Cagliari Things to Do
Cagliari has a lot to offer visitors who want to enjoy the sun, the sea, and the opportunity to experience a uniquely rich culture. Besides a great number of museums, churches, architectural wonders, archaeological sites, and monuments, there are many festivals unique to Cagliari that are held throughout the year.
Lower town: Marina and Stampace
Via Roma, lined with canary palms, runs along the sea. Piazza Matteotti, where Via Roma meets Largo Carlo Felice, is the business corner and where you'll find the 19th-century, neo-Gothic Palazzo Comunale, Cagliari's city hall.
Behind Via Roma is the heart of Marina, a district of old, narrow streets which has changed little since Roman times. In the Stampace quarter, you'll find the church of Sant' Efisio, where the famous pilgrimage takes place.
Old town (Castello)
The whole quarter within the walls is called Castello, a name that the natives often use for the whole city. Castello is partially enclosed by bastioned walls and two medieval towers and two city gates.
Just west of the Bastione di San Remy are the 18th-century buildings of the university. Next to the university stands Torre dell'Elefante, one of the two remaining towers of the Pisan walls. Castello houses the most important artistic treasures of the city in the Cittadella dei Museums (museums of the Cittadella).
One of the museums is Museo Archeologico Nazionale, a major showcase of Sardinia's past history. This rich collection of objects and other artifacts contains many high quality pieces. The succession of the is's ancient cultures is reconstructed through the exhibition of ceramics and pre-nuraghic statuettes, copper ingots, nuraghic bronzes and ceramics, inscriptions, Phoenician tomb furnishings and ceramics, inscribed headstones (one of the w's most important collections), and splendid Punic jewelry. Rich ceramics, terra-cotta, glass objects, statues, Roman sarcophagi, and gold jewelry dating from the medieval period, as well as artifacts from the Tuvixeddu and Pula necropolises.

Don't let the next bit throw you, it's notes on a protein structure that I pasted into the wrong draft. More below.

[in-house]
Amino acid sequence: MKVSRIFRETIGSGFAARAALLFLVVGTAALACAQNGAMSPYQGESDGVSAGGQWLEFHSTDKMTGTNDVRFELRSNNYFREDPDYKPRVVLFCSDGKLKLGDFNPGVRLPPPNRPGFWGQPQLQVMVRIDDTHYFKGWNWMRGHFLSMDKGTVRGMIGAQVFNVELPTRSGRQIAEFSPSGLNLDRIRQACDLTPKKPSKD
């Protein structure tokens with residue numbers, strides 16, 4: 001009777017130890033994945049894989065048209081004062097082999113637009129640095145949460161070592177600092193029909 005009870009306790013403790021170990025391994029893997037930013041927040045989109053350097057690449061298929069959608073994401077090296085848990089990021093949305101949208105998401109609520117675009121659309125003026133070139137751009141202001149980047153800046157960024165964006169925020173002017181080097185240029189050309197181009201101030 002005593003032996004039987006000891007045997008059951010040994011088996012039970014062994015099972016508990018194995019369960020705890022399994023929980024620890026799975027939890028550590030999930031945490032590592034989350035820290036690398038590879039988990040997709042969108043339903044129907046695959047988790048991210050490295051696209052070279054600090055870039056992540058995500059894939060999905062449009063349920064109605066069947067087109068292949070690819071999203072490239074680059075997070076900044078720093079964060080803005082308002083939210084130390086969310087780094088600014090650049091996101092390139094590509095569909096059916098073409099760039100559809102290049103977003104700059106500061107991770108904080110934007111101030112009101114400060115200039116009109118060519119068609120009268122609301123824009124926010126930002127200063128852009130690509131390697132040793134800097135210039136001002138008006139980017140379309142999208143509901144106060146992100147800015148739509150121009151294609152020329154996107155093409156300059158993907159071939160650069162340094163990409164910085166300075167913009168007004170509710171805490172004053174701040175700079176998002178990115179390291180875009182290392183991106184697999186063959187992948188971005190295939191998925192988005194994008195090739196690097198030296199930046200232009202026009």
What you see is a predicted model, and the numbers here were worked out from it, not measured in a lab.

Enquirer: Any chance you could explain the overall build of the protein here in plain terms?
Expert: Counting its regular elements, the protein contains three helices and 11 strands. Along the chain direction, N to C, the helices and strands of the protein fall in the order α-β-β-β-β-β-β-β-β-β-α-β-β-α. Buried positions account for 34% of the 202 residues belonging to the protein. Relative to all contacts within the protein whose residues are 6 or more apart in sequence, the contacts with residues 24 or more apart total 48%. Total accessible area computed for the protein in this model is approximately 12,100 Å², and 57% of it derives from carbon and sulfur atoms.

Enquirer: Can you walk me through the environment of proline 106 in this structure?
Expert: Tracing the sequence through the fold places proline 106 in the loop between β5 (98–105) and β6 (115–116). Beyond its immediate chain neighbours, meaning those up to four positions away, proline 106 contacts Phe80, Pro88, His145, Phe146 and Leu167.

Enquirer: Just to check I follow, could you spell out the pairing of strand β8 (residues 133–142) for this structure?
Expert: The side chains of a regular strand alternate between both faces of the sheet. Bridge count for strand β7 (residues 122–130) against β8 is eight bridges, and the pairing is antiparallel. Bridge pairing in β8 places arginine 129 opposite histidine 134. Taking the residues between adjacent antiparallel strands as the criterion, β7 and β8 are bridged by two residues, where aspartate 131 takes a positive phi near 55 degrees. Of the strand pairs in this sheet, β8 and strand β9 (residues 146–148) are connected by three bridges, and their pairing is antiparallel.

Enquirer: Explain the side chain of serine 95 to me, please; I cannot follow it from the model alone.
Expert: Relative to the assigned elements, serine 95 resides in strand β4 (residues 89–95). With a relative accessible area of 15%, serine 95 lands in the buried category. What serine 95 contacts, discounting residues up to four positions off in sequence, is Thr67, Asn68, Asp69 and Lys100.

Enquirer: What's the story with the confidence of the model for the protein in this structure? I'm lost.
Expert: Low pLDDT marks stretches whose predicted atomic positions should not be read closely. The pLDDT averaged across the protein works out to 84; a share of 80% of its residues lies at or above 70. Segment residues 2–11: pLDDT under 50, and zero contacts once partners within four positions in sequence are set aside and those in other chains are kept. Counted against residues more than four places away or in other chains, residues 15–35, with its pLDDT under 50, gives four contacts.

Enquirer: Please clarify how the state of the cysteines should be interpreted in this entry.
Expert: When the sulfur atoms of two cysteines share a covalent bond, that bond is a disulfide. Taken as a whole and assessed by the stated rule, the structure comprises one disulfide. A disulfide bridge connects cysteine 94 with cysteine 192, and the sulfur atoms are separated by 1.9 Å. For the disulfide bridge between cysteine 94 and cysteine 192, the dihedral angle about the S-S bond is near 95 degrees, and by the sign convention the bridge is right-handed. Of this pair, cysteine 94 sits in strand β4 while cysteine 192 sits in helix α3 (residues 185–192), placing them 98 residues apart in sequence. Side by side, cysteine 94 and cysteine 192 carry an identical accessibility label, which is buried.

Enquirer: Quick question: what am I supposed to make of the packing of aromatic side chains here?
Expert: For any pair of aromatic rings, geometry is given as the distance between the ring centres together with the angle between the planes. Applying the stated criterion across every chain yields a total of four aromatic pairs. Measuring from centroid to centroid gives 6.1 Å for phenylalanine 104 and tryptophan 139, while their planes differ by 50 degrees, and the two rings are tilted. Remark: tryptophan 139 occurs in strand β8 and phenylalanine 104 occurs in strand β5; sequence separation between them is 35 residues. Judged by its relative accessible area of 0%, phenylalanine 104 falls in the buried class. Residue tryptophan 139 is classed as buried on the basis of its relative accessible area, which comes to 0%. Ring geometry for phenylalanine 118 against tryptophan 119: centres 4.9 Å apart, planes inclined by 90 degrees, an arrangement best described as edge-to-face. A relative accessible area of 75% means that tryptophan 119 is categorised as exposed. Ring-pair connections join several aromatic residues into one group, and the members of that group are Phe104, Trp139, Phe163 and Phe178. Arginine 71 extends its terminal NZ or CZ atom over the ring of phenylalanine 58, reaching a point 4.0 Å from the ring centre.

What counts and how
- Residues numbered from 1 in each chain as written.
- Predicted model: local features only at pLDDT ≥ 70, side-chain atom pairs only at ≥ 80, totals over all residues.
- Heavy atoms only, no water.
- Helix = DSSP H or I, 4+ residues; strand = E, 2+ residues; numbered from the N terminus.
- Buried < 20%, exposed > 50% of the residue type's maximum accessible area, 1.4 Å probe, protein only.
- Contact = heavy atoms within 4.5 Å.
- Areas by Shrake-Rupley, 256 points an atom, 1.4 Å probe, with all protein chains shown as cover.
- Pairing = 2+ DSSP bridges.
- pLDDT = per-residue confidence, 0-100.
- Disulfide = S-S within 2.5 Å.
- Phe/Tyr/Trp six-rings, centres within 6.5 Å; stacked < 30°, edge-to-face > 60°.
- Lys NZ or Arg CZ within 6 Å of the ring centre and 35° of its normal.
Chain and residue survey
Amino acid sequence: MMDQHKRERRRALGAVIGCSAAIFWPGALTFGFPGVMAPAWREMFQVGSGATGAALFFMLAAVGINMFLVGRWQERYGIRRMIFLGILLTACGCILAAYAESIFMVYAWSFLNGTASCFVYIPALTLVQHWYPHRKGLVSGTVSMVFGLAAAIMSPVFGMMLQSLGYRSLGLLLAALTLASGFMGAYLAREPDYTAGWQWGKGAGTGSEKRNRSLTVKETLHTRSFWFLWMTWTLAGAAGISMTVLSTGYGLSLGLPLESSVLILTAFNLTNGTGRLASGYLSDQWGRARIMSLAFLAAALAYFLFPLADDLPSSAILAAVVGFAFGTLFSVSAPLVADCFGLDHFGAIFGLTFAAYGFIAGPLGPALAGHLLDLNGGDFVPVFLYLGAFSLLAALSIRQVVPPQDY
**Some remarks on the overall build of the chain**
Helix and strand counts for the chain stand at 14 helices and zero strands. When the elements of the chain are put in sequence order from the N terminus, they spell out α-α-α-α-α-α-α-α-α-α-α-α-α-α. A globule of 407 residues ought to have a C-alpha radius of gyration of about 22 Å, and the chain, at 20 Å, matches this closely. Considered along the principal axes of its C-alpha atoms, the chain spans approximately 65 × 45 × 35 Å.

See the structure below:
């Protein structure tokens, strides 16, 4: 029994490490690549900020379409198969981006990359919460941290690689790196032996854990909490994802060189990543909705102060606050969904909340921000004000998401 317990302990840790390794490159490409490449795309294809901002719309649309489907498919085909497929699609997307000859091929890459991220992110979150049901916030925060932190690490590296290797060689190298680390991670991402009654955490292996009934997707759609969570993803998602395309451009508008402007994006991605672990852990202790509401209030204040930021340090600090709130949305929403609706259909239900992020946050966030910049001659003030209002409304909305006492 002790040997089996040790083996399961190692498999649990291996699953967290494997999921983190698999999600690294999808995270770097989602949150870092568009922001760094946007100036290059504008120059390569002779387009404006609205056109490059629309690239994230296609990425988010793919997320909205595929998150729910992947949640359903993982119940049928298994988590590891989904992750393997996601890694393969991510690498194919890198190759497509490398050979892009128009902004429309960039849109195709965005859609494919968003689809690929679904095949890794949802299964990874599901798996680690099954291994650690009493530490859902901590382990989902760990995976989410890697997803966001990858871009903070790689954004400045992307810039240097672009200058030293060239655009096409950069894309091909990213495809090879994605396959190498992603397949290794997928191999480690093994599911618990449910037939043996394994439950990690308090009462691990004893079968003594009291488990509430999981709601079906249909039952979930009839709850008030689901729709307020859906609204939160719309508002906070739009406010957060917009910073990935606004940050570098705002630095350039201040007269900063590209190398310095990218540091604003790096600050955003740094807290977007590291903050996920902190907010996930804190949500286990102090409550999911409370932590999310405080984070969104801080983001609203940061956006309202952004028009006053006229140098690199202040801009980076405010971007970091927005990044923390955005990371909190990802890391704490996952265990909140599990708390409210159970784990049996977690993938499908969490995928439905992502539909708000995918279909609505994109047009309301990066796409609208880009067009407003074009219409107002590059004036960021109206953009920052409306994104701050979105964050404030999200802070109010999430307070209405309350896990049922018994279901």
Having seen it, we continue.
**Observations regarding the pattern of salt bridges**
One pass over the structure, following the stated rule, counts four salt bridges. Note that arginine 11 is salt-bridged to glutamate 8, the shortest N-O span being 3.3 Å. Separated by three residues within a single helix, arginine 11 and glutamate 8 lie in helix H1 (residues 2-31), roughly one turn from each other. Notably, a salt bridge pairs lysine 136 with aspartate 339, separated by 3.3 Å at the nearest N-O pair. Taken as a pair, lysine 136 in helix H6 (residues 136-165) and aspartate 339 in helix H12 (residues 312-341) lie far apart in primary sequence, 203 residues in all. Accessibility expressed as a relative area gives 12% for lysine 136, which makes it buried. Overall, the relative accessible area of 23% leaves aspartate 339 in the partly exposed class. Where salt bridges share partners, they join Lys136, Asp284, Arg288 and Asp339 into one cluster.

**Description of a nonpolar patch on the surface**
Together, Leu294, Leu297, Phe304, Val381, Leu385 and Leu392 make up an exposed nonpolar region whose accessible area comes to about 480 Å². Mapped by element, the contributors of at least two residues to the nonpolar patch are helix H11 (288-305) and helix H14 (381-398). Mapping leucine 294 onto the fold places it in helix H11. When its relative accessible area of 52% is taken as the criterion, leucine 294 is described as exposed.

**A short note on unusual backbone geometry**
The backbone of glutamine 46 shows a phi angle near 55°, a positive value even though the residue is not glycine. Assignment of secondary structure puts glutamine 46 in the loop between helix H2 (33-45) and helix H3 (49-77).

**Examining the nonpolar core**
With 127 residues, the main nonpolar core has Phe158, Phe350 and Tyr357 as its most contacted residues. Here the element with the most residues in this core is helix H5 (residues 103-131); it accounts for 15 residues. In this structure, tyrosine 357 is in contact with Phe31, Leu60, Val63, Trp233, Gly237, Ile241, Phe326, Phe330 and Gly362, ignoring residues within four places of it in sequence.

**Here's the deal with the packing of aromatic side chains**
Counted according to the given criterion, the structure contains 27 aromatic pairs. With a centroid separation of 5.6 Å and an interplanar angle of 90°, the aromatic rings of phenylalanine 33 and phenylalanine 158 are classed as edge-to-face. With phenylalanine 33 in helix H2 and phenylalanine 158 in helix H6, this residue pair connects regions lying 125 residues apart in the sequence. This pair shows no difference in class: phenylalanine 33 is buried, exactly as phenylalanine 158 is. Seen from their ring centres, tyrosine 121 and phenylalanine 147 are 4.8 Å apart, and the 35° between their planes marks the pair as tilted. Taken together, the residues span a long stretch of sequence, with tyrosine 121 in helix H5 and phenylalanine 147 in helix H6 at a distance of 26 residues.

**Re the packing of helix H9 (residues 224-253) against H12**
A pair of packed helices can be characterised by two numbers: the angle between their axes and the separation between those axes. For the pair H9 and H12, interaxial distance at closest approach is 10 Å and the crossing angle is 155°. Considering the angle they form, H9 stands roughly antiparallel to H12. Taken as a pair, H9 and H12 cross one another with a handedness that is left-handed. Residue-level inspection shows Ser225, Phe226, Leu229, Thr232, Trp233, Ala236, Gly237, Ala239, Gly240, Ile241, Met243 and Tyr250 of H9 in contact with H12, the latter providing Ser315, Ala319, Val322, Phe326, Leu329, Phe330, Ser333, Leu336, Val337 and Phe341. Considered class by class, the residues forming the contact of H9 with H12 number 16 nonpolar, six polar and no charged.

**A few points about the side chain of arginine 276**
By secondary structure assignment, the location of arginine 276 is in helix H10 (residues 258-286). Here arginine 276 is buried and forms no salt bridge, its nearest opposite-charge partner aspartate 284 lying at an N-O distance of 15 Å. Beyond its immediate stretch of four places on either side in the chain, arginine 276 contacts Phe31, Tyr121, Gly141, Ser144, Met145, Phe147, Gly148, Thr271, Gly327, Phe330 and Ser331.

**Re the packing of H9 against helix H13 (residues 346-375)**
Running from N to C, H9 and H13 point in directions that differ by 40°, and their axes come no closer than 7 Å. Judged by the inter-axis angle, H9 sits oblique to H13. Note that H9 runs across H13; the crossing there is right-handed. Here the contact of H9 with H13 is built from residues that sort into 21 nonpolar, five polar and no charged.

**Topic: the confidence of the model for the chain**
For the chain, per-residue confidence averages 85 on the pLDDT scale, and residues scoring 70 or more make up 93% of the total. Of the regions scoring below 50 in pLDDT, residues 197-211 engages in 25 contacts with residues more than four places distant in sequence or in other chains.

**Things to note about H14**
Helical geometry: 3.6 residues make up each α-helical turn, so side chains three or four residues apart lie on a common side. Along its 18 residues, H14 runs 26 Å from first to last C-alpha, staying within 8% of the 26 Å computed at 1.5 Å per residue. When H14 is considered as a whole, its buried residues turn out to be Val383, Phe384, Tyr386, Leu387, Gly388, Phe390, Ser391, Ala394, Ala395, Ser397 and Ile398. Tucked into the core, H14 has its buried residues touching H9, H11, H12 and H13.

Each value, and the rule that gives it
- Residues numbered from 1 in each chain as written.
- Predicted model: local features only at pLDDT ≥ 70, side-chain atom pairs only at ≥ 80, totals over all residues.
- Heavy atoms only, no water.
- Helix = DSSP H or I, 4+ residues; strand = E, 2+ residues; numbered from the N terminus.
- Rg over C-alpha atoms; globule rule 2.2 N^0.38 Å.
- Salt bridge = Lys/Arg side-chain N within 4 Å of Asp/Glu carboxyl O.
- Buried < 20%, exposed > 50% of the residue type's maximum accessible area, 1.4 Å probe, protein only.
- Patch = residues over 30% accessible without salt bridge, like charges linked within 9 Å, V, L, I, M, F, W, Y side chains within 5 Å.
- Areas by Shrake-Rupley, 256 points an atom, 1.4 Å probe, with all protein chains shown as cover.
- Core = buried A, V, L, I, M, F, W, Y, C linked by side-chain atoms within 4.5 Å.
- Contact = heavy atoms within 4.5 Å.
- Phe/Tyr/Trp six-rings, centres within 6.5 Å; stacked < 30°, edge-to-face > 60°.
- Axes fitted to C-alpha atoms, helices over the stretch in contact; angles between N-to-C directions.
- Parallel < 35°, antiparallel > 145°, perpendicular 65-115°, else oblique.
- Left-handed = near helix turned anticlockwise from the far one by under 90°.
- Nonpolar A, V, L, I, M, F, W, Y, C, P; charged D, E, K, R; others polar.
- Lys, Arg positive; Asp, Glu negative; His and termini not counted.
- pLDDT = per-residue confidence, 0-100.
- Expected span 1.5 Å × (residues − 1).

Another museum, Pinacoteca Nazionale, contains a small section of contemporary art and sculpture as well as oils, coats-of-arms, religious objects, and paintings. The altarpieces are an interesting part of the collection. Downstairs, the museum displays, on a rotating basis, its collection of textiles, carpets, and jewelry made in Sardinia between 1800 and 1900.
The Museo d'Arte Siamese Stefano Cardu (Siamese Museum) contains a collection of Asian coins, ivory, silver, paintings, ceramics, and weapons dating from the 11th to 19th centuries.
The Mostre di Cere Anatomiche di Clemente Susini (Anatomical Wax Collection) contains 23 anatomic exhibits. Clemente Susini was commissioned to depict, in perfect anatomical detail, the results of various dissections performed by a Florentine profession of anatomy.
Carved out of rocks are the ruins of the late 2nd century Roman Amphitheater( "the hundred steps" as the locals call it), which seated an estimated 10,000 spectators. Today, it's used for opera performances during the summer.
Founded in 1865, it features over 500 species of tropical plans.
The New town
This part of Cagliari has become the modern city center; however, you'll find some older and interesting structures.
An 18th-century slaughterhouse has been restored and converted into an art and cultural center known as EXMA.
Basilica di San Saturnino
The Basilica di San Saturnino is one of the oldest churches in Sardinia and named after a Sardinian martyr beheaded on this site in 303 when he refused to participate in a festival of Jupiter.